People can’t spell, or punctuate, or use proper grammar any more.  I’m not just talking about in quick email messages or slap dash posts on Facebook, either.  I’m talking about business correspondence, thank you notes, school assignments, and just about any other form of written communication.  I am including not just people who barely made it through high school, but people with college degrees.  I would be completely ashamed if I sent a business communication in which I mis-used to and too.  I would be mortified to substitute there for they’re or their.  I see it every day from people who are in positions of responsibility and – I’m assuming – are role models for students and others.

I cringe when I drive by a huge sign advertising a business with misspelled words.  I see advertising copy that’s been approved for distribution with poor grammar and bad spelling.  I get emails that fore go punctuation altogether.

There’s a time and place for informal communication, and there’s a venue for abbreviation and emoticons.  There are also situations that should be treated with consideration and thought before dashing off a poorly worded and sometimes shockingly badly constructed statement.

Educate yourselves.  You paid a lot of money for that education, shouldn’t you use it?

Creationist Vocab Lesson

Last night I went to a lecture at Purdue with my oldest and youngest sons.  That in itself is a rarity – having two of my children in the same place at the same time.  However, getting them both to an esoteric lecture was even more of a rarity.  The lecture was good, although a bit over the head of the Moo.  The eldest enjoyed it though, as did I.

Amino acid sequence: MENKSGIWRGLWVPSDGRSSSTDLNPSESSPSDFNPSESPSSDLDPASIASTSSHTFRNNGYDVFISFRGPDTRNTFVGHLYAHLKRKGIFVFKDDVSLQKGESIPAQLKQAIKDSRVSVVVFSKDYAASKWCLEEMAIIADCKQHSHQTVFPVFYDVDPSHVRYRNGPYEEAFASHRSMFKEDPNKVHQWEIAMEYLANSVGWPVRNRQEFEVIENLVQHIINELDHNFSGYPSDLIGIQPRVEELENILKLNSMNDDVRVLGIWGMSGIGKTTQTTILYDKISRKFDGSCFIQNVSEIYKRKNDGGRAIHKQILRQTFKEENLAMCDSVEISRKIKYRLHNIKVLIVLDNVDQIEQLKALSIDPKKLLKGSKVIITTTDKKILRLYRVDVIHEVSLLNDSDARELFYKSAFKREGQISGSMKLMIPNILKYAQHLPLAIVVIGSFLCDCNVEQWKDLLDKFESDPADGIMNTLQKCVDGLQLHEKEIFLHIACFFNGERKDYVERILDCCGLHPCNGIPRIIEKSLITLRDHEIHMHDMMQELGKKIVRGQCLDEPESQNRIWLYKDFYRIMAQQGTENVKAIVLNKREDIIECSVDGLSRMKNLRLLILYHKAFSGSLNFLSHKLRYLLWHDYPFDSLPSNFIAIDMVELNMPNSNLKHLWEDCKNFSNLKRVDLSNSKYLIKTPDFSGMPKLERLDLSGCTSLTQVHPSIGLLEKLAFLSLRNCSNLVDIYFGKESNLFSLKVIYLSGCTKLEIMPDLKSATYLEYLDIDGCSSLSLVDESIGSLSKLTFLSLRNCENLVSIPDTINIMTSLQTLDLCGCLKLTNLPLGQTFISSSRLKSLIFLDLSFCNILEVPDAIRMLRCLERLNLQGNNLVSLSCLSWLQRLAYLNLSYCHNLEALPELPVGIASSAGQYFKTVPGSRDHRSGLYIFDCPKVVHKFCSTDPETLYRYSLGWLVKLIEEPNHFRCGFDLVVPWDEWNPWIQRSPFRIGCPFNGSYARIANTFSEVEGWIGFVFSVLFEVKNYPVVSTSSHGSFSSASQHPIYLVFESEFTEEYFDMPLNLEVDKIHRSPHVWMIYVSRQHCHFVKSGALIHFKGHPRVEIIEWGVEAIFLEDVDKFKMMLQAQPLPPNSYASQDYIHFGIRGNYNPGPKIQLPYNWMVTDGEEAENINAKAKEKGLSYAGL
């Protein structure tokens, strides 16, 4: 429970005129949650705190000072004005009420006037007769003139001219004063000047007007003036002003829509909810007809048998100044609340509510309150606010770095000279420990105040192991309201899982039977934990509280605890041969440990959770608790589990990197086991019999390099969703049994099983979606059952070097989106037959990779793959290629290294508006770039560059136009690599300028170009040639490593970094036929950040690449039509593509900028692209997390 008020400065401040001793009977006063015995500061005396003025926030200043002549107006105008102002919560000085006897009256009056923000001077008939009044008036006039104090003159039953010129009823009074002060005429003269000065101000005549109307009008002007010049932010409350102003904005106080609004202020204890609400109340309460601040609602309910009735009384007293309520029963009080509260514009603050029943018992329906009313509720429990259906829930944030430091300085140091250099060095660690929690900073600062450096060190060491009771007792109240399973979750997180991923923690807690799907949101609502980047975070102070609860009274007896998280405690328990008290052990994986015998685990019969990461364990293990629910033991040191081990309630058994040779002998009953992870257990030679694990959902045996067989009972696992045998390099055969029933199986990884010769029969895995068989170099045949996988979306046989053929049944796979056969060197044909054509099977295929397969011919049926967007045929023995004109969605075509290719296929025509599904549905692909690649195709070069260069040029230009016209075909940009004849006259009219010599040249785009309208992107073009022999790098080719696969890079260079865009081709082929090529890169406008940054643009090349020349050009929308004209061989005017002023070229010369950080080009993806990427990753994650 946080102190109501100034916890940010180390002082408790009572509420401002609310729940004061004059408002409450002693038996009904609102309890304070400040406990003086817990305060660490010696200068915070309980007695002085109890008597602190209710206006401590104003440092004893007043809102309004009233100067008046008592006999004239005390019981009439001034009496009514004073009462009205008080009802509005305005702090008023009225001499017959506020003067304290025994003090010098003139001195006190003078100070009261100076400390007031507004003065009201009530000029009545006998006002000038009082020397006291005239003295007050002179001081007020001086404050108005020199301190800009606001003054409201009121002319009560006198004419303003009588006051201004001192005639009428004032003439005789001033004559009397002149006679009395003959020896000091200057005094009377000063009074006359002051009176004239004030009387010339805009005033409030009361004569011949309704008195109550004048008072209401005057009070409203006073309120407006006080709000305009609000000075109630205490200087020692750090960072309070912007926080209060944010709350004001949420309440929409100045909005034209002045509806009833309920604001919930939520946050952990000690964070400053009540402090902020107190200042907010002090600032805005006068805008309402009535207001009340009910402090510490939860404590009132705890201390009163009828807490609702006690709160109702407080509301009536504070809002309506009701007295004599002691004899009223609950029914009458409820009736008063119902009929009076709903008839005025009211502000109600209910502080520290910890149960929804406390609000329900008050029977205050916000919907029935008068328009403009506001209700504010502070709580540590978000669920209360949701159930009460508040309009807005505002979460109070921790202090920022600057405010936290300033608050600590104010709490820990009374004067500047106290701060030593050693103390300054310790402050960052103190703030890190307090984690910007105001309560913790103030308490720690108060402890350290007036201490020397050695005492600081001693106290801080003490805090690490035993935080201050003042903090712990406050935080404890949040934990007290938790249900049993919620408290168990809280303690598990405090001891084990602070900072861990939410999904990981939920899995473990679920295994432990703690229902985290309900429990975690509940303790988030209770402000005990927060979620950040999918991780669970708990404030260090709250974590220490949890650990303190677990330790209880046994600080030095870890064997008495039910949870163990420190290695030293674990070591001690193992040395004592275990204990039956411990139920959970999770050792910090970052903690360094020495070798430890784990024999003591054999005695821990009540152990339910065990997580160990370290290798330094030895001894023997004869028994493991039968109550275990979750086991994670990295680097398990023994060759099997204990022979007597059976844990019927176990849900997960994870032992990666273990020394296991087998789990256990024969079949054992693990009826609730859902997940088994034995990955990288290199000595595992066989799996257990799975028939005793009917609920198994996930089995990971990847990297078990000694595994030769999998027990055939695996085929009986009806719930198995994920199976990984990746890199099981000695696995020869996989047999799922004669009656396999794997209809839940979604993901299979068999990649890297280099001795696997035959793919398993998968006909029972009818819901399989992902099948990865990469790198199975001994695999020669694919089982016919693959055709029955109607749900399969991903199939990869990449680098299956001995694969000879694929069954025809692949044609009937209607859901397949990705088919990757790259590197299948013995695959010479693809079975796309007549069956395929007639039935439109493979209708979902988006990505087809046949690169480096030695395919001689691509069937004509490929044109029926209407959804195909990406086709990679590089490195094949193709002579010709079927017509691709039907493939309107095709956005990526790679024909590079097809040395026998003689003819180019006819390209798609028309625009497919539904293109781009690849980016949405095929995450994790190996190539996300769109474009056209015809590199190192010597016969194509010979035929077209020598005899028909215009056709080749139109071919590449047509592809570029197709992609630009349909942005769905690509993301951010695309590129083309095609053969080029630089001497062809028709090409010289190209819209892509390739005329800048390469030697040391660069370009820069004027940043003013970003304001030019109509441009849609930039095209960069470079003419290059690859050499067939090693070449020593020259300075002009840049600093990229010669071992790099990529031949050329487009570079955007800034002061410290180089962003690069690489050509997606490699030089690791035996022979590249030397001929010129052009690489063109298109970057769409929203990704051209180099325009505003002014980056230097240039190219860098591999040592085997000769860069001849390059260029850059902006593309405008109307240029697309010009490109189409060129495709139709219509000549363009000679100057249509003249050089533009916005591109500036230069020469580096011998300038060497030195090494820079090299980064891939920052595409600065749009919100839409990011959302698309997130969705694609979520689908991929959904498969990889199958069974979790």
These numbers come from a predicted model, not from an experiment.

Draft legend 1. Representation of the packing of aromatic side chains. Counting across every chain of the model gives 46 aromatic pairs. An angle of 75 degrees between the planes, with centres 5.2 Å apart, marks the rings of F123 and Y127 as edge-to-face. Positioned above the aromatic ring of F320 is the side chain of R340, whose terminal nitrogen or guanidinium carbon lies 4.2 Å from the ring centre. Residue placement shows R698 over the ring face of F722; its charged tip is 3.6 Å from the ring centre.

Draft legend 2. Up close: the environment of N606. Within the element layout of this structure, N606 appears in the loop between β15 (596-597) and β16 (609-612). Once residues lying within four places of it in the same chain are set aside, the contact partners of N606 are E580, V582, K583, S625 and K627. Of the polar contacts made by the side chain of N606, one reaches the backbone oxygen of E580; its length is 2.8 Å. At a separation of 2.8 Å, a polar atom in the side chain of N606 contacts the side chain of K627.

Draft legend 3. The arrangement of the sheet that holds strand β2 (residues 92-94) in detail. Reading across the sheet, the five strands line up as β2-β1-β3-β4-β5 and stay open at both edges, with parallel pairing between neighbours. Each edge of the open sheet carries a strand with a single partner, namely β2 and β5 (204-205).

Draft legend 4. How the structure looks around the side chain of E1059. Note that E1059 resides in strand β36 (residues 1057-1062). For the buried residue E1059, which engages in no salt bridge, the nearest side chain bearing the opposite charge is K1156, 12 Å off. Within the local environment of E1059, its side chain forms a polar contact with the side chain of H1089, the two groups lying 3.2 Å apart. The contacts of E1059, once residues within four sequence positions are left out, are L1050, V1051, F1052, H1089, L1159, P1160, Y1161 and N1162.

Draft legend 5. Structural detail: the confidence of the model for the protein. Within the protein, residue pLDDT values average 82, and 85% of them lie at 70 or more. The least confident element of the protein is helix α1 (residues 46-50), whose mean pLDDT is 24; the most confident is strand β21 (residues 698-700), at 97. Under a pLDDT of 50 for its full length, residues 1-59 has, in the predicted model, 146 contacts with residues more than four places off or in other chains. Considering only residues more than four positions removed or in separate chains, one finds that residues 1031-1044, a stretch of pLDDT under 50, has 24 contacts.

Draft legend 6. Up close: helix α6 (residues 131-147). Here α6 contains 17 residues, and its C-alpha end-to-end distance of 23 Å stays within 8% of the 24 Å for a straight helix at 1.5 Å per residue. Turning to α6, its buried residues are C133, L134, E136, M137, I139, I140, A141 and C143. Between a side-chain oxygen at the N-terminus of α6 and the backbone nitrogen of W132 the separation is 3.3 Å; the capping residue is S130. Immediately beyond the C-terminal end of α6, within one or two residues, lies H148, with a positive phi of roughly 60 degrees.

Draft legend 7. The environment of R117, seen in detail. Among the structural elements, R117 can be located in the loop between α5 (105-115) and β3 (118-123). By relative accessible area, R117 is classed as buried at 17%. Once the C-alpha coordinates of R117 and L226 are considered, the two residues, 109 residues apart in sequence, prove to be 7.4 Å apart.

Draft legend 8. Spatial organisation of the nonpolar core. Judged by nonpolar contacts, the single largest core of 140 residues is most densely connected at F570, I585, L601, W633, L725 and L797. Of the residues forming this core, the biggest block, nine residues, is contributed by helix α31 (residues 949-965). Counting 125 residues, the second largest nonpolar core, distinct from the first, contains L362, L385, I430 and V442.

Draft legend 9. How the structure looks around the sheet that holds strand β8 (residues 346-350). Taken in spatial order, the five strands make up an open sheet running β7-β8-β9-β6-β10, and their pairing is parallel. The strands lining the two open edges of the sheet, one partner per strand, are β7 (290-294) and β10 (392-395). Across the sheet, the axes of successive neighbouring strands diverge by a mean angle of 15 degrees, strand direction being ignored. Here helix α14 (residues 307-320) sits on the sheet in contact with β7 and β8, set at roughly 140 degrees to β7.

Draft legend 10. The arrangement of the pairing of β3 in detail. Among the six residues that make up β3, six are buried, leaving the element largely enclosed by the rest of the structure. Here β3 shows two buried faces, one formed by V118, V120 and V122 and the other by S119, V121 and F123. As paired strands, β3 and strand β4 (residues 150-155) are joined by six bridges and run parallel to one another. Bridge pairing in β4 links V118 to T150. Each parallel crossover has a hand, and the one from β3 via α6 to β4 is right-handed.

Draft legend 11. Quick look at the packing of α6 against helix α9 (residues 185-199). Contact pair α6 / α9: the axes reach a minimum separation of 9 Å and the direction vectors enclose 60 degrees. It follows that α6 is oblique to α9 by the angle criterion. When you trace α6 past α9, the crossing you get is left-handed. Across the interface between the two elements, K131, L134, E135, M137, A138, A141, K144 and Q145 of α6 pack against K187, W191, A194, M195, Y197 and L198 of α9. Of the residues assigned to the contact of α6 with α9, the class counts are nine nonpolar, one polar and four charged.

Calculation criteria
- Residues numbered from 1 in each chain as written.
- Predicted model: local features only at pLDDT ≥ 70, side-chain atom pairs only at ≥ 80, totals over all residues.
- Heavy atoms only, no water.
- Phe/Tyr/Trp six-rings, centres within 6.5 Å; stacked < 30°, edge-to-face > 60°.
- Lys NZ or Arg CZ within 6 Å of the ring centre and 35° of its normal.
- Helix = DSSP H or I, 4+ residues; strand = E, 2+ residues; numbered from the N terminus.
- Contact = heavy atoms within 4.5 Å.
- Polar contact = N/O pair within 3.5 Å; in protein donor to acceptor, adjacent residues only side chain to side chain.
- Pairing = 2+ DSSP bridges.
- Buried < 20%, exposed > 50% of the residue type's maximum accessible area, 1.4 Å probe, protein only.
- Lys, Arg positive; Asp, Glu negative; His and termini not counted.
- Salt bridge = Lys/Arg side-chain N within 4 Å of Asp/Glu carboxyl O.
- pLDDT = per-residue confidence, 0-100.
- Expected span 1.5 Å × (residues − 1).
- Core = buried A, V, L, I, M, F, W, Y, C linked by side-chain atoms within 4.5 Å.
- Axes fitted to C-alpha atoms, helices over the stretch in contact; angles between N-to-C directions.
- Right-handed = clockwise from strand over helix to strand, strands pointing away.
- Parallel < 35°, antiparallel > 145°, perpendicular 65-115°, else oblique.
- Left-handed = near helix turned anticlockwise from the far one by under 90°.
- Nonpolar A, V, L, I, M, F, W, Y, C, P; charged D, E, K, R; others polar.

The speaker was PZ Meyers, Evolutionary Biologist, atheist, and blogger.  His talk was about his experiences with creationists and how insubstantial their arguments are.  He used a vocabulary lesson as the springboard for presenting his arguments and their’s, as well as the research to back up his opinions.  I found the discussion to be very educational and surprising at the same time.  Many questions were raised, and he answered many of them, but some remain.  My questions are still present, but rather unformed.

He spoke very briefly about the need to educate kids in evolution, but my mind immediately went to the problem I have historically had with public school.  While the schools are supposed to present a non-religious point of view, and are not to preach any religion, the truth is that most schools fail miserably at this.  While there are no blatantly christian classes, the undertone to almost everything is, in fact, christian.  Winter programs have Christmas carols, Easter is a big thing in the primary grades.  Trying to find a Cub Scout or Brownie troup that isn’t overtly christian is virtually impossible in this state, or in any other state I’ve lived in.  PZ’s answer to this – teach them math.  He pointed out that students who have good math skills are more likely to be critical thinkers.

I don’t think this is particularly helpful in practice.  The foundation for kids is laid in the early grades.  There isn’t another real chance for making a real impact on them until they’re in college, and for most kids, they are too entrenched in religious ideas to really think critically about evolution vs. creationism.  In fact, even adults who do engage in daily critical thinking (I know many who are in IT, where critical thinking is…well…critical) fail to understand, or even attempt to rationalize away the science.  I’ve had more than one person tell me that carbon dating is completely fallable, and can’t be relied upon.  I’ve been informed that the behemoth referred to in the Bible is a dinosaur, thereby proving that humans and dinosaurs co-existed.

Really.
And someone at the lecture asked me why I homeschool.